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Sterling Brown: Sam Smiley

A poem a day
International WWI Poetry Month

Sam Smiley

Sterling Brown (USA, 1932)

I

The whites had taught him how to rip
A Nordic belly with a thrust
Of bayonet, had taught him how
To transmute Nordic flesh to dust.

And a surprising fact had made
Belated impress on his mind:
The shrapnel bursts and poison gas
Were inexplicably colour blind.

He picked up, from the difficult
But striking lessons of the war,
Some truths that he could not forget,
Though inconceivable before.

And through the lengthy vigils, stuck
In never-drying stinking mud,
He was held up by dreams of one
Chockfull of laughter, hot of blood.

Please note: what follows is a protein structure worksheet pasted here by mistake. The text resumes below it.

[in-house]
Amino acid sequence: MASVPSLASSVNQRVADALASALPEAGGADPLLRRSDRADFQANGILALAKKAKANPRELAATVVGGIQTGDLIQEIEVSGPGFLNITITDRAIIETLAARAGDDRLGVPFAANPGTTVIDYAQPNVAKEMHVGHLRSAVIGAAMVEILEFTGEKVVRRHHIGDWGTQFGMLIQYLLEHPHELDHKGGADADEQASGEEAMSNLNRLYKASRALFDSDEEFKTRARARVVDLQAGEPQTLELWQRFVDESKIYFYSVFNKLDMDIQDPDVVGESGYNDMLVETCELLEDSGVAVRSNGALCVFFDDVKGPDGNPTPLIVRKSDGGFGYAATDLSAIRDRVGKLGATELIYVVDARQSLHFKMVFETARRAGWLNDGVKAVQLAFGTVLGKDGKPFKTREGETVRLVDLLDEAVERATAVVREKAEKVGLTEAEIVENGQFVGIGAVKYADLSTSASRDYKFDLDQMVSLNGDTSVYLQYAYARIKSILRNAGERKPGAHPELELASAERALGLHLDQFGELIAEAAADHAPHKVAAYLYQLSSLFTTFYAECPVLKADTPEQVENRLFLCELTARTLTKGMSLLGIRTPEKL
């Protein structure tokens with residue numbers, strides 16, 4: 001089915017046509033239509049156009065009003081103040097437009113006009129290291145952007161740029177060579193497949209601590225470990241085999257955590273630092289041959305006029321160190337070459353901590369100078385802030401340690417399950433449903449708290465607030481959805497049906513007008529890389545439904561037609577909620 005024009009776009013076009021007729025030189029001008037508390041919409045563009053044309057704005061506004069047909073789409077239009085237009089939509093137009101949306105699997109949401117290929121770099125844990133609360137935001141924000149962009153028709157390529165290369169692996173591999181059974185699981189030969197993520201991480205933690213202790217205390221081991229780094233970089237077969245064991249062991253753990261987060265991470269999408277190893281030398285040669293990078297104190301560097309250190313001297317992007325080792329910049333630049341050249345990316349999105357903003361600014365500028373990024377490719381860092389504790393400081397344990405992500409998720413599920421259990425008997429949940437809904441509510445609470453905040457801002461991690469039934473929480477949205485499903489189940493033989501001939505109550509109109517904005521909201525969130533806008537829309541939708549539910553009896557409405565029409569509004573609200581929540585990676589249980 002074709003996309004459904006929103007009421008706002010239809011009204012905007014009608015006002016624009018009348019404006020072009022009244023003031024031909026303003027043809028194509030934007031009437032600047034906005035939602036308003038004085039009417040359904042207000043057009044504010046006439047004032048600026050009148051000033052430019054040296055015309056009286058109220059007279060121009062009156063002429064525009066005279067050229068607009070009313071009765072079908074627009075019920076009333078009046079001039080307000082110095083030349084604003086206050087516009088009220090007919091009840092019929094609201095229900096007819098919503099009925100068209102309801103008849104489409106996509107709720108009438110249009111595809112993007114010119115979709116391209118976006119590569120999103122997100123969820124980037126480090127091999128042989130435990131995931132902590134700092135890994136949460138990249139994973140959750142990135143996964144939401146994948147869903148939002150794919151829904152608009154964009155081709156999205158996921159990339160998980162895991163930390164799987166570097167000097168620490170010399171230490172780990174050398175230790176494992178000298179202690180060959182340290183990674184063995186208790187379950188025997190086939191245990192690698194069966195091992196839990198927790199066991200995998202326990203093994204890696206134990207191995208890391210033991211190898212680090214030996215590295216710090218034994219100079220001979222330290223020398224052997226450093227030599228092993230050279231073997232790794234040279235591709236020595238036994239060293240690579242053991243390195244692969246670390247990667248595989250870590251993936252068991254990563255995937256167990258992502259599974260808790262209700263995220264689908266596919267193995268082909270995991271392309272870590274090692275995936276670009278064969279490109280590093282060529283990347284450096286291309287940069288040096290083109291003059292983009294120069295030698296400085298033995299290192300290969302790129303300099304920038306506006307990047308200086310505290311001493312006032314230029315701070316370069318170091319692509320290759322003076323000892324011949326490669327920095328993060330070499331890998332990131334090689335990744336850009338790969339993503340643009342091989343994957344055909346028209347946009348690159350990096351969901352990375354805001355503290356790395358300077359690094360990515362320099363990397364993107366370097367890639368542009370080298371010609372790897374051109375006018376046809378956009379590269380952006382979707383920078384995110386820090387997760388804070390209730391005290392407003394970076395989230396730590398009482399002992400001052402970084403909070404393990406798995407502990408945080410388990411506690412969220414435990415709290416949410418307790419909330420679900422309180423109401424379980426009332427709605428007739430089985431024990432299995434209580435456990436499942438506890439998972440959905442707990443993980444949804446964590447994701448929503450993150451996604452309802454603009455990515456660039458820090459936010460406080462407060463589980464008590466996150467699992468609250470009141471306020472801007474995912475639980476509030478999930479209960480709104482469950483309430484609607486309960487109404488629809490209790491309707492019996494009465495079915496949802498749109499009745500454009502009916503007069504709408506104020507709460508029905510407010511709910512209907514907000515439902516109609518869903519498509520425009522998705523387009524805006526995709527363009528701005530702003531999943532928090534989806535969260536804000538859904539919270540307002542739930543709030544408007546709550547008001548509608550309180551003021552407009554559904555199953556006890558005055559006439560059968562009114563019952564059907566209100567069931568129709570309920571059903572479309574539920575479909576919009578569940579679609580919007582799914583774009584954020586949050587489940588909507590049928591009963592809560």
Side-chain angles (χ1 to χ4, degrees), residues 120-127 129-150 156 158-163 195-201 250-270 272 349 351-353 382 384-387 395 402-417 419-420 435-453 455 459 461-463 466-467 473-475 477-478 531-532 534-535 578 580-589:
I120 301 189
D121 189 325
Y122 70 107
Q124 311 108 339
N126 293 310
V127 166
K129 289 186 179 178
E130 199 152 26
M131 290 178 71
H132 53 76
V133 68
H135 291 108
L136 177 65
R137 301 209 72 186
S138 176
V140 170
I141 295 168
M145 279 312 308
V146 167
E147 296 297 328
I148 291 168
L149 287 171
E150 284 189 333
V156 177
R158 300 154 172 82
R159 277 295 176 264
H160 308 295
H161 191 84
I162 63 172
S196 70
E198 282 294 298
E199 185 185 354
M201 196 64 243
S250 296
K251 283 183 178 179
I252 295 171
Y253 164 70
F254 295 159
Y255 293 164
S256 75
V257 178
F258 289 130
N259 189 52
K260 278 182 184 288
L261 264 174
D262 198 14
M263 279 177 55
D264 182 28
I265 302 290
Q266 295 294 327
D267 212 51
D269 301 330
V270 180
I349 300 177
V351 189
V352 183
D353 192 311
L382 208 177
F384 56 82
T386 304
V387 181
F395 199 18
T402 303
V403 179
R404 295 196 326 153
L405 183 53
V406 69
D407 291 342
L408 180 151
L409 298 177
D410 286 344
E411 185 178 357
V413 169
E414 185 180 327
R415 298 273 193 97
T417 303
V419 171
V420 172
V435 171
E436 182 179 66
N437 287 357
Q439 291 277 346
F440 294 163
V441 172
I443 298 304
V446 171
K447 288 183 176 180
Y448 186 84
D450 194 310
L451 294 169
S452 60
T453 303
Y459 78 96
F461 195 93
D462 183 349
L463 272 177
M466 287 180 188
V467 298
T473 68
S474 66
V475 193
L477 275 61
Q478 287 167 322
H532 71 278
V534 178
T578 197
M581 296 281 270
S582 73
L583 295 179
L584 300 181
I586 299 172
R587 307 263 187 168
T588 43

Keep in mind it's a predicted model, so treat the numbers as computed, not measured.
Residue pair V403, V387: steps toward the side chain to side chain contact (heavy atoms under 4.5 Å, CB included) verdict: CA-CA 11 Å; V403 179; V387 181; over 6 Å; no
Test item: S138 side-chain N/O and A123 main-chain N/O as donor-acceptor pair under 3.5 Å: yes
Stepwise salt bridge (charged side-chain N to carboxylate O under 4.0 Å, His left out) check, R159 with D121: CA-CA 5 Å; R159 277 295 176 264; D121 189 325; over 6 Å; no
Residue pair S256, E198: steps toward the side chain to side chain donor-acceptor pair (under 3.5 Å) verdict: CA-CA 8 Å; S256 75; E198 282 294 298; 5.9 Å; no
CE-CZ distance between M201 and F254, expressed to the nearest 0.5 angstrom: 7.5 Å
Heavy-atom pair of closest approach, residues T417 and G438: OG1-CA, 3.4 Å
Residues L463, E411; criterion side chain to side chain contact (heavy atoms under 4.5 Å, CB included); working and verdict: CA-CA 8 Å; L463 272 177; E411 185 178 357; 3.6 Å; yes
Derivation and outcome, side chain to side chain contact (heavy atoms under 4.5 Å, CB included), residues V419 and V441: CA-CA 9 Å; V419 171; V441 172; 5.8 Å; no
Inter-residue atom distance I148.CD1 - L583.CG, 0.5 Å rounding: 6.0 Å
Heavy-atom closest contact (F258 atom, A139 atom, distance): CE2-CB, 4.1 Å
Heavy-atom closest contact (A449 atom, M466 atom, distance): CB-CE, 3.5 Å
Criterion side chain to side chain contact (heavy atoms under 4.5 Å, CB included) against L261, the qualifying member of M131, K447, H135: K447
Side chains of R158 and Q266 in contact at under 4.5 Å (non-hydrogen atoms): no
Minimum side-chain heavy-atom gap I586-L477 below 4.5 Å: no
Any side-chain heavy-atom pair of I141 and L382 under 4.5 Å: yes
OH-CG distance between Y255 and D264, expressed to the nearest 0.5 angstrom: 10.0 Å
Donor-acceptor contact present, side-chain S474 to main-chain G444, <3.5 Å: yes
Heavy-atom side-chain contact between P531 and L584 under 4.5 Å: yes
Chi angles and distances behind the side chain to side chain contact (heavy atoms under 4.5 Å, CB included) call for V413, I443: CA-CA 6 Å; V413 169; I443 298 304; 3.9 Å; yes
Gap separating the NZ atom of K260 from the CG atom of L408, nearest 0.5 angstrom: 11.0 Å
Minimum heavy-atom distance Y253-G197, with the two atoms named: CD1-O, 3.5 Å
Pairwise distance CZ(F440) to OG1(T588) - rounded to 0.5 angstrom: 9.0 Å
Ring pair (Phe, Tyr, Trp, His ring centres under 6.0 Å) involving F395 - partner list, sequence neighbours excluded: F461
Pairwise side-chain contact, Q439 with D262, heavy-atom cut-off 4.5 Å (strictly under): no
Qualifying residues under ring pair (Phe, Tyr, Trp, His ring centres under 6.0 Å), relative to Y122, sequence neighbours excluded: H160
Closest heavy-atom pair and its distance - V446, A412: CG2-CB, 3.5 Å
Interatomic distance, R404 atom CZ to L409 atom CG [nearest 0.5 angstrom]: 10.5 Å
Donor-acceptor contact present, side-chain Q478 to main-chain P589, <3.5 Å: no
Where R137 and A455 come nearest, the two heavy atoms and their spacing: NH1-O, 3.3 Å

II

On the return Sam Smiley cheered
The dirty steerage with his dance,
Hot-stepping boy! Soon he would see
The girl who beat all girls in France.

He stopped buckdancing when he reached
The shanties at his journey’s end;
He found his sweetheart in the jail,
And took white lightening for his friend.

One night the woman whose full voice
Had chortled so, was put away
Into a narrow gaping hole;
Sam sat beside till break of day.

He had been told what man it was
Whose child the girl had had to kill,
Who best knew why her laugh was dumb,
Who best knew why her blood was still.

And he remembered France, and how
A human life was dunghill cheap,
And so he sent a rich white man
His woman’s company to keep.

III

The mob was in fine fettle, yet
The dogs were stupid-nosed, and day
Was far spent when the men drew round
The scrawny woods where Smiley lay.

The oaken leaves drowsed prettily,
The moon shone down benignly there;
And big Sam Smiley, King Buckdancer,
Buckdanced on the midnight air.